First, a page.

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I'm creating a basic database application in WPF, and I have started using the MVVM pattern.

I have a dialog that asks the user to select an item from a ListBox and click "OK." After that, I take the item the user clicked from a property in the view model and pass it into another dialog. But if the user clicks "Cancel," I set that value to null, and the action is canceled: I don't open the next dialog and return to the main screen. Example:

public class SelectEquipmentViewModel : WorkspaceViewModel
{
    private bool _selected;

    public Equipment SelectedEquipment
    {
        // Item selected by the user
    }

    // Action for "SelectCommand," which is attached to
    // the "Select" button in the view
    public void ExecuteSelect()
    {
        _selected = true;

        // Fires a RequestClose event in WorkspaceViewModel,
        // which is attached to the view's Close method
        RequestClose();
    }

    public override void RequestClose()
    {
        if (!_selected)
        {
            // The user clicked "Cancel"
            SelectedEquipment = null;
        }

        base.RequestClose();
    }
}

This has been working great, but the problem comes if the user clicks the red "X" close button in the window's control box. The RequestClose method never gets invoked, and the selected item isn't set to null, which is bad.

I've considered attaching the view model to the Closing event of the view, but I feel this could get messy if I start creating handlers for all these events.

What would be the "preferred" way of handling this situation?

Thanks.

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3 Answers 3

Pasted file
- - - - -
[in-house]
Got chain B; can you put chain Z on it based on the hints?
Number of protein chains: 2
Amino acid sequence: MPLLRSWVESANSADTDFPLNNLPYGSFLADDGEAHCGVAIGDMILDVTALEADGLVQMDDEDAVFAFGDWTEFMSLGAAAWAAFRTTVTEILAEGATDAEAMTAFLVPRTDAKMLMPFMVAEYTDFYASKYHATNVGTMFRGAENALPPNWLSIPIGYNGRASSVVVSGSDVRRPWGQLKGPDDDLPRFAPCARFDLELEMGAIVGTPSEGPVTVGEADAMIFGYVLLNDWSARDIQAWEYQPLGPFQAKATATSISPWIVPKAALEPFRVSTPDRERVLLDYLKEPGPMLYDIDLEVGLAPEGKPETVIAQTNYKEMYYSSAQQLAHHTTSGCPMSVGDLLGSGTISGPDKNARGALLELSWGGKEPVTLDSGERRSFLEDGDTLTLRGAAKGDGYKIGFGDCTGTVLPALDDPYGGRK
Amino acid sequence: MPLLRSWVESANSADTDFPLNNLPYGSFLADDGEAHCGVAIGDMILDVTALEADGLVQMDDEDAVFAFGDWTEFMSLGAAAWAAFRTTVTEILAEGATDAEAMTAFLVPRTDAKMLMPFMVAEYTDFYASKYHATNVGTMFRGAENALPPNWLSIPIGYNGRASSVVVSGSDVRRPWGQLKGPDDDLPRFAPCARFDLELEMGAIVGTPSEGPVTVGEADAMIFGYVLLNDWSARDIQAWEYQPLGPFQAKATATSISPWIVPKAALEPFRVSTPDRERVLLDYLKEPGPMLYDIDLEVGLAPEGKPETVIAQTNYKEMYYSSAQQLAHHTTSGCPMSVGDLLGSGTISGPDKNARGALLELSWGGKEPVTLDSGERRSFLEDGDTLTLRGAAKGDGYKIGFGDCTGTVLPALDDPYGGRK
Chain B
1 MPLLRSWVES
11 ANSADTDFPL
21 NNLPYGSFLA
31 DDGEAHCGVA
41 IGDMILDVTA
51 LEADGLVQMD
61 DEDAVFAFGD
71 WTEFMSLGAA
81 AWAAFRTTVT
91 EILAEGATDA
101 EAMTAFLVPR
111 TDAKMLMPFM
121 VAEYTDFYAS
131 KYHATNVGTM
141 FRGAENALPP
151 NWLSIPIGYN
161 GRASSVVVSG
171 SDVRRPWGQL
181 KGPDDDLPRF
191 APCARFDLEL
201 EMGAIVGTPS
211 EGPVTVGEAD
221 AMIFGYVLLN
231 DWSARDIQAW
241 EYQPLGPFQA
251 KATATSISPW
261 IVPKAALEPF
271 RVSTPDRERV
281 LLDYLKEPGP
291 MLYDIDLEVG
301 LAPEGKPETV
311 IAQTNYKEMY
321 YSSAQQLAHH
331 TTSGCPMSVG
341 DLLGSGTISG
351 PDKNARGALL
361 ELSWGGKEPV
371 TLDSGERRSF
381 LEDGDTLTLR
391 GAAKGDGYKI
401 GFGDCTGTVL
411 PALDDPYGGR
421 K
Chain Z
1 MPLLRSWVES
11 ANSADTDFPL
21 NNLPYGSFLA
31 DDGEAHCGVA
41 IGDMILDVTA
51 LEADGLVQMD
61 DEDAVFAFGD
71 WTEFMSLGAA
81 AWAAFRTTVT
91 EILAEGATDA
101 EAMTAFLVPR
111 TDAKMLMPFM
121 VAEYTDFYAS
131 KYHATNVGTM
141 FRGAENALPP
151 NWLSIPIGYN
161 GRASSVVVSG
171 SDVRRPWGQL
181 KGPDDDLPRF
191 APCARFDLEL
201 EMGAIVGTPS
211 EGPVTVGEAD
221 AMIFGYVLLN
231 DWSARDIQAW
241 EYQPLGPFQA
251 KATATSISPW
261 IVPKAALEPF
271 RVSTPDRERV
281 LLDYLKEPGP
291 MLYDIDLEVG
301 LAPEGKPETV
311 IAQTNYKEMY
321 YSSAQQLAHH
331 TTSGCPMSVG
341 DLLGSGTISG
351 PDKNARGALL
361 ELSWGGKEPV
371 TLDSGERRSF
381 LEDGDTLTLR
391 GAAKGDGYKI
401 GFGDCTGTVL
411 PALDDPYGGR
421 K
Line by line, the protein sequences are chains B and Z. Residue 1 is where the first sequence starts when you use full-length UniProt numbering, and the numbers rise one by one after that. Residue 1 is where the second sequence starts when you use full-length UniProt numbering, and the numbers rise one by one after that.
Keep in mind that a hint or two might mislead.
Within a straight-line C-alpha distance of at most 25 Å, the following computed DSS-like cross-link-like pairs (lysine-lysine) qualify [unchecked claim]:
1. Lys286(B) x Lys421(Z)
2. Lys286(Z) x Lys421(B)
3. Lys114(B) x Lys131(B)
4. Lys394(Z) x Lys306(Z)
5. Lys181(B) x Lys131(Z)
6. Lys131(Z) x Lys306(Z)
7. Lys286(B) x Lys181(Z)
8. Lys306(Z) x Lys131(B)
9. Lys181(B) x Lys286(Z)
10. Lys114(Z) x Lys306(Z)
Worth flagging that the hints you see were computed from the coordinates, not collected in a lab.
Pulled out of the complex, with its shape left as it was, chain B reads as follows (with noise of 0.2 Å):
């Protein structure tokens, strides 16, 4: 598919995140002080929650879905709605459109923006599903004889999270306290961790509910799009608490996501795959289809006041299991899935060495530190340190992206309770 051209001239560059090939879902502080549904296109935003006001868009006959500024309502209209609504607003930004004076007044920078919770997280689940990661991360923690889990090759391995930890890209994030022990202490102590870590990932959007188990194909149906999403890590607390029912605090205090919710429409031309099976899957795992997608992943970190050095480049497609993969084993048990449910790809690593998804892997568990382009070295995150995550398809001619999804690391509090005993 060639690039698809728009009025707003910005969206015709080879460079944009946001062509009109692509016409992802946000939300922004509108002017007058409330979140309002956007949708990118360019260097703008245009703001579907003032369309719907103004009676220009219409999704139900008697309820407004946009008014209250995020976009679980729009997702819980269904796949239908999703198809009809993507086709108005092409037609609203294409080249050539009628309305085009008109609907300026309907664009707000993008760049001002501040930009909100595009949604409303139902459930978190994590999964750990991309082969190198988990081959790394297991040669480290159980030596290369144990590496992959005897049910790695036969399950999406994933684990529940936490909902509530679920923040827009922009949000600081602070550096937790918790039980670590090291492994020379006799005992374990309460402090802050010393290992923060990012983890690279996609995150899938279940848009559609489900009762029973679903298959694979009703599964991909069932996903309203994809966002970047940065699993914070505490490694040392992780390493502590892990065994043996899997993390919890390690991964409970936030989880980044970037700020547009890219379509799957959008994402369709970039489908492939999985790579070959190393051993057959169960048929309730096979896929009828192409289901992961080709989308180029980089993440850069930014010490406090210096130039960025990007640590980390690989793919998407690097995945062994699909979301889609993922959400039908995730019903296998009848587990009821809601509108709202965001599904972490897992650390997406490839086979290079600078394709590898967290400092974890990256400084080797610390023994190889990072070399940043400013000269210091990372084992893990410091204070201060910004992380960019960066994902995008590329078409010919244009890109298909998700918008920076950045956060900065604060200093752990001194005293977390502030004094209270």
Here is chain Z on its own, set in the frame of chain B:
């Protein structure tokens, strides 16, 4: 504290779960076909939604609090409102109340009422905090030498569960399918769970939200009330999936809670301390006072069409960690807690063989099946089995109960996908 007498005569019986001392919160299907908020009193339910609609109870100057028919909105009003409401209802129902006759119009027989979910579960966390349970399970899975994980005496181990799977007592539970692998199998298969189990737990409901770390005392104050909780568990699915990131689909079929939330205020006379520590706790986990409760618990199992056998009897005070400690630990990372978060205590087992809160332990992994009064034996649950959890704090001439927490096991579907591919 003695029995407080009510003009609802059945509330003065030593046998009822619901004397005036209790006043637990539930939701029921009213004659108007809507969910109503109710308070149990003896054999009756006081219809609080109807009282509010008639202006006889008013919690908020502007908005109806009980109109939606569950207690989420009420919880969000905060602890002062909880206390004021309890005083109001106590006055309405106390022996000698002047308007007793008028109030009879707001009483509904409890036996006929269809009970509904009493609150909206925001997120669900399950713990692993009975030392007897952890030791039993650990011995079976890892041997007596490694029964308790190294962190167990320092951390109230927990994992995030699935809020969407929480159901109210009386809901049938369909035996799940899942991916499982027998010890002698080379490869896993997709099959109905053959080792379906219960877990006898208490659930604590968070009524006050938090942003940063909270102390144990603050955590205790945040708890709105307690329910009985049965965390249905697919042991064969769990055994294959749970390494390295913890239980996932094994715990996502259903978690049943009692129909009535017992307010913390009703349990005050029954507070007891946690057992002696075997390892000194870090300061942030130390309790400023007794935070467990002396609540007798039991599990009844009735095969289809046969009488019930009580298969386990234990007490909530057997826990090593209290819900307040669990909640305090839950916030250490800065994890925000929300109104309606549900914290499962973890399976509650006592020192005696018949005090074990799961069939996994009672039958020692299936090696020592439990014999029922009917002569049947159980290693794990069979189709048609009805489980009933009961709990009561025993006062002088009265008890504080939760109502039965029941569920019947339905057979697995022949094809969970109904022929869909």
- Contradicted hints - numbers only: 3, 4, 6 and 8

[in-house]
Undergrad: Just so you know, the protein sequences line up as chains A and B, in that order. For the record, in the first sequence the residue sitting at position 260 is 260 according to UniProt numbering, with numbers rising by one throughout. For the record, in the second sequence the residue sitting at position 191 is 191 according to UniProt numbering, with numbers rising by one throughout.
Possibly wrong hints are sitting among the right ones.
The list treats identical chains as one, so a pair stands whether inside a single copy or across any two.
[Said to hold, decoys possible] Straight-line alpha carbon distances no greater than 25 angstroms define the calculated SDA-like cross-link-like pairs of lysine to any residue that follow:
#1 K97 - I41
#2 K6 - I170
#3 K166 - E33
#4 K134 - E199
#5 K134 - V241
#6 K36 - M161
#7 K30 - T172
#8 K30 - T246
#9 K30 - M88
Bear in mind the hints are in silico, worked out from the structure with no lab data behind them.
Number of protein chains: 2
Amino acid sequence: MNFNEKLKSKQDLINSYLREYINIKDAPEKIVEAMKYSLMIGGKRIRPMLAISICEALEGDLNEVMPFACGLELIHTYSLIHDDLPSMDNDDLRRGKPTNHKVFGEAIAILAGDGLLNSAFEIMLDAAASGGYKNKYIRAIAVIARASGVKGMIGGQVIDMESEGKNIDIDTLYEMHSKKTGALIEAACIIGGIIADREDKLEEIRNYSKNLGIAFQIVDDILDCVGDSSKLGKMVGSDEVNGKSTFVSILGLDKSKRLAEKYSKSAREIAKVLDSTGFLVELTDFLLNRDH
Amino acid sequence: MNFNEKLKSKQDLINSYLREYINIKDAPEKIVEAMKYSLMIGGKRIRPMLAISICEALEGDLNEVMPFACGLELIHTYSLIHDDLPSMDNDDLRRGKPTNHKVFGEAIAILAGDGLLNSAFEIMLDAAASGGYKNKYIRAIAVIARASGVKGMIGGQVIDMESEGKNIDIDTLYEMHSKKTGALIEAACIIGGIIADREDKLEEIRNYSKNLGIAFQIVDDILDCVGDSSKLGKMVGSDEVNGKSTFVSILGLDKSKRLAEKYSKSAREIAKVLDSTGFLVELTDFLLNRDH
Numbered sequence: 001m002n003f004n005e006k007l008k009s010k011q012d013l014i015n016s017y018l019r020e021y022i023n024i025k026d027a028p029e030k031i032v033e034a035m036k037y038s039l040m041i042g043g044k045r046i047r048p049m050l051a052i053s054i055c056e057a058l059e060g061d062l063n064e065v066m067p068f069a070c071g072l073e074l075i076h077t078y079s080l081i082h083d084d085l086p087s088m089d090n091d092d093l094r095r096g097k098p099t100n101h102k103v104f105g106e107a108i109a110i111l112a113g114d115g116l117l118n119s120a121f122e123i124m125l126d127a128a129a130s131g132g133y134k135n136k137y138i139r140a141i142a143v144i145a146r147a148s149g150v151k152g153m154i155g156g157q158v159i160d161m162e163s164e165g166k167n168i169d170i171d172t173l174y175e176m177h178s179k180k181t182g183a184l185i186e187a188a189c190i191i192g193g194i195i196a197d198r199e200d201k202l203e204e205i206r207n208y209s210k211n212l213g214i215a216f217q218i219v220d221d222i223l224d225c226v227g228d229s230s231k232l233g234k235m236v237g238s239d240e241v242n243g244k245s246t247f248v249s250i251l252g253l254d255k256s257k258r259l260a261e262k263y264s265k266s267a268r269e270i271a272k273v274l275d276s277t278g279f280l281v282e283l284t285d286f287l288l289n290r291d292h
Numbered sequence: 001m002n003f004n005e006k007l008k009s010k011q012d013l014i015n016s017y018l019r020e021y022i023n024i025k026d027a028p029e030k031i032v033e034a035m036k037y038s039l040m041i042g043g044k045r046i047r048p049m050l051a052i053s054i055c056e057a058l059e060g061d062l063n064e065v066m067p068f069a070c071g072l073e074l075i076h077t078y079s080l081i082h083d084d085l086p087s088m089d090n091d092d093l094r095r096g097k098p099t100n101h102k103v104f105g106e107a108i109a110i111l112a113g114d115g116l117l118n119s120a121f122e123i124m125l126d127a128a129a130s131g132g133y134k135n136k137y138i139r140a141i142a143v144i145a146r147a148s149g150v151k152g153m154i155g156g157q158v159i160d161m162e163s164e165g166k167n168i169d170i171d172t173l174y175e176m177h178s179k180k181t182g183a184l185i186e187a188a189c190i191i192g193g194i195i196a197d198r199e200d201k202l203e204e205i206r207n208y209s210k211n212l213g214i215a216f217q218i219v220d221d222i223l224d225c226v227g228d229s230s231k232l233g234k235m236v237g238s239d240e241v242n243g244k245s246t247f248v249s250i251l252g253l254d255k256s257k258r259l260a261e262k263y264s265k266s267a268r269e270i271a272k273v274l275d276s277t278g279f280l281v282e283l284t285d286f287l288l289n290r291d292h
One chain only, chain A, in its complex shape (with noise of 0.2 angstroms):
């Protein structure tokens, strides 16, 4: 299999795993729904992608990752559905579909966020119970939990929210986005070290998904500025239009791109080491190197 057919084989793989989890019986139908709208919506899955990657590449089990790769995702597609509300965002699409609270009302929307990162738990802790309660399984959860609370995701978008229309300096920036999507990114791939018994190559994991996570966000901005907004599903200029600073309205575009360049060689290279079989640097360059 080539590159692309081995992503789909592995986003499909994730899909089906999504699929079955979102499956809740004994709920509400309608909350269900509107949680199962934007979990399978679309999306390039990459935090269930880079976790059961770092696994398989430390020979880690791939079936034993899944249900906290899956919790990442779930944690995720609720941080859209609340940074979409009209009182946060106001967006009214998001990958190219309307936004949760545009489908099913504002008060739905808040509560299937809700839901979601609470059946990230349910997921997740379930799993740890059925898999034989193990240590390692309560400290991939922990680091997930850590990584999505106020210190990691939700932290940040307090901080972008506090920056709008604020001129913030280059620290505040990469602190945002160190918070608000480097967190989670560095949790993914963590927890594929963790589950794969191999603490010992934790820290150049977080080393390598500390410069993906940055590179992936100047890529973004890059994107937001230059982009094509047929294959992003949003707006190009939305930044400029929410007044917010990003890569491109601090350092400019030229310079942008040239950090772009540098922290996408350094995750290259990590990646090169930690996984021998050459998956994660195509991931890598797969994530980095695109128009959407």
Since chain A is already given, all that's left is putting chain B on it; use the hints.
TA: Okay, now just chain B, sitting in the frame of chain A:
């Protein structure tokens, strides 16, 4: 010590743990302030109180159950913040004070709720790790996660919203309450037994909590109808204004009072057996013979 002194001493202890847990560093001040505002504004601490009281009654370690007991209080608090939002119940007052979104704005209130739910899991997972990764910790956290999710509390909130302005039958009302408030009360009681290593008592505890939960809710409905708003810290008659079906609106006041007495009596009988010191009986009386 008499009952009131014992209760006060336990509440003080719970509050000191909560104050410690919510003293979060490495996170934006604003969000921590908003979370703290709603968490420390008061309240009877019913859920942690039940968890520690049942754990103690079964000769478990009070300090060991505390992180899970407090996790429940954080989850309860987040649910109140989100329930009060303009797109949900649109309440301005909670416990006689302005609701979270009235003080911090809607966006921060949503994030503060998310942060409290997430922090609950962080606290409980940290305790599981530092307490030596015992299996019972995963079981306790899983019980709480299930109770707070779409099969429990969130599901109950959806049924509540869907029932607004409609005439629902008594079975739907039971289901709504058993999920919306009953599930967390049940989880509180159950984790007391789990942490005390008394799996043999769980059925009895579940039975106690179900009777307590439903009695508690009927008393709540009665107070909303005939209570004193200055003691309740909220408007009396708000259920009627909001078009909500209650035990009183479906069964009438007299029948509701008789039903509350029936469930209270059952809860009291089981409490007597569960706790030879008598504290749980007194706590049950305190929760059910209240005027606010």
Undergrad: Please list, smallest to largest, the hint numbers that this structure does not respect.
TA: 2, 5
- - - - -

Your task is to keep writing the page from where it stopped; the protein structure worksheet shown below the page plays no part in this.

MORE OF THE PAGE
up vote 2 down vote accepted

I think that using the EventToCommand behavior to wire up the Window object's Closing event to a new ExecuteCancel command is pretty clean.

public void ExecuteCancel() 
{ 
    _selected = false; 

    // Fires a RequestClose event in WorkspaceViewModel, 
    // which is attached to the view's Close method 
    RequestClose(); 
}

Where do you think this will get messy? If you add a Cancel button, it could use the same ExecuteCancel bits...

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As far as I know, this is the best way to do this in M-V-VM. There are some situations when you still have to put some logic in the code-behind class, as much as you hate doing that with M-V-VM. –  Dave White Jul 3 '10 at 5:51
    
This was exactly what I needed, thank you very much! –  mgbowen Jul 3 '10 at 15:51

Behaviors are what you want to use to execute a command when the user presses the "X" button on window using MVVM. Check out Reed Copsey's blog here: http://reedcopsey.com/2009/10/09/using-behaviors-to-allow-the-viewmodel-to-manage-view-lifetime-in-m-v-vm/

You can download a sample application here...

I use this method all the time to allow the ViewModel manage the life of the view.

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Approach without additional dependencies is described in article Handling a Window's Closed and Closing events in the View-Model and code with example provided. This does not add code behind xaml.

(Thanks to Reed Copsey's link)

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